If we have a well set-up fast race car, the expectation is that we will be continuously driving the race car at the oversteer limit of grip. As described in Part 1, you can manipulate the balance of the car to reduce understeer and then push until you feel you are at the oversteer limit of the rear tyres. (Some steady state understeer is needed in the setup  to give the race car sufficient stability - to make the car at least somewhat capable of self correcting small...

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Scott McLaughlin on Cornering at the Limit of Grip

Uncategorized Feb 11, 2022

STOP THE PRESSES! Scott McLaughlin wins at St Petersburg, the first Indy Car race for 2022!

Yes indeed. The multiple V8 Supercar Champion has won his first Indy Car Race!

In this post, see how Scott talks about how he corners the race car at the limit of grip and then also how he decides on the final balance he wants - when the car is quickest - the balance trade-off.

These quotes from Scott, interviewed by Auto Action in 2019 and Speedcafe in 2020, are solid gold in my opinion. 

Here is Scott's interpretation of how he feels the balance of the car and the feedback he gives:


Here’s a quote from Scott McLaughlin, the 2018 and 2019 Australian V8 Supercar Champion. At the beginning of the 2019 season, Scott McLaughlin said in an interview with Auto Action magazine after his first time out in the brand new DJR Penske V8 Supercars Ford Mustang:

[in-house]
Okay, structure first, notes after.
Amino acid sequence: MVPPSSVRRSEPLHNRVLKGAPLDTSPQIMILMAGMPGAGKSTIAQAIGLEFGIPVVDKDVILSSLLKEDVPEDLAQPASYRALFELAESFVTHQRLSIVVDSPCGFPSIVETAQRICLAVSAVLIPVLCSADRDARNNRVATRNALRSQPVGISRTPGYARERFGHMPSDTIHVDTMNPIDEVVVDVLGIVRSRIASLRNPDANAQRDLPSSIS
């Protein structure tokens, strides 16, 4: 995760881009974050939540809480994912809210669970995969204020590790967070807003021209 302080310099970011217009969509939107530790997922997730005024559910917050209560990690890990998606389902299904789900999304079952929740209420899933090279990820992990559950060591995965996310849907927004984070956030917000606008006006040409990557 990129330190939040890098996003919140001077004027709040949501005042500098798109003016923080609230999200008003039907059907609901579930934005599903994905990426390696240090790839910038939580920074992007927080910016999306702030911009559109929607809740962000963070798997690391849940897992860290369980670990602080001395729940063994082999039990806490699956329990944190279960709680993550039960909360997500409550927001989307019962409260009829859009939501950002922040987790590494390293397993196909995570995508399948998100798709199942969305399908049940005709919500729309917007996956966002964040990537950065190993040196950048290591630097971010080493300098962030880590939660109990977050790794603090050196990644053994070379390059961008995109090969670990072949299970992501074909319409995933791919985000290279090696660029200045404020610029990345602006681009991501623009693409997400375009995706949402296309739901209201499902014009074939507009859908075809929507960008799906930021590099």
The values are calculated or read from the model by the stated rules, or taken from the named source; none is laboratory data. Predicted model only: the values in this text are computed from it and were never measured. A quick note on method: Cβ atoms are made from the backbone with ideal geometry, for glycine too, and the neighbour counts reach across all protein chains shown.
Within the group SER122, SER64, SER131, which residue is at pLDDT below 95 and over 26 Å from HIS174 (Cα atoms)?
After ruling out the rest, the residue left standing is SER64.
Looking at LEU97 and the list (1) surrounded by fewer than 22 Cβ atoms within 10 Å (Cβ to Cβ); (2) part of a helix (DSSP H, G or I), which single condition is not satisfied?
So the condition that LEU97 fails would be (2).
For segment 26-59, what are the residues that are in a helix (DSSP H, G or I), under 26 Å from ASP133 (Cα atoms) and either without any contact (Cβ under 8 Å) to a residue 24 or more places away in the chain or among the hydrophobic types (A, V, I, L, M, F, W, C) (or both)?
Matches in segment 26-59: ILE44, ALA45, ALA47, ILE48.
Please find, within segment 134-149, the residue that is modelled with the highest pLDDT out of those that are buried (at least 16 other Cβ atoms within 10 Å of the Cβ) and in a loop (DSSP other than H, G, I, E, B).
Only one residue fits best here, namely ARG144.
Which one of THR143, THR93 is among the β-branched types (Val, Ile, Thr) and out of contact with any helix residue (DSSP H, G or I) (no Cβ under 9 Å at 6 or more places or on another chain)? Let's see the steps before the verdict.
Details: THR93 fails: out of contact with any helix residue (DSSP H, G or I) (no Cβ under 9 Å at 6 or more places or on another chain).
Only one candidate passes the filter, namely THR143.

“You have to have a bit more give and take;...

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What Does Race Driving Teach You About Setup?

Uncategorized Oct 18, 2020

Race driving is a confidence game. As you get more experienced in racing, you get to be highly confident in your ability to control the race car, racing consistently up to the capability of you vehicle and your level of skill.

This might easily give you the impression that your racing skill could help you with setup - help you work out what is happening and how you could improve the set-up of your car.

Could not the highly skilled and experienced racing driver say what's needed to make the race car faster? 

But our experience with grassroots racing clients is that this is not the case. For example, it is not possible for the driver to say in isolation, just by driving the car, whether the springs should be stiffer or softer. (Spring/Suspension stiffness is perhaps the single biggest contributor to improving the grip and performance of a non-aero race car.)  

Racing drivers respond to the race car as they feel it in the moment. How else can we explain the fact that in...

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Choose Racing Springs You Need with Racing Car Technology's Bounce Testโ„ข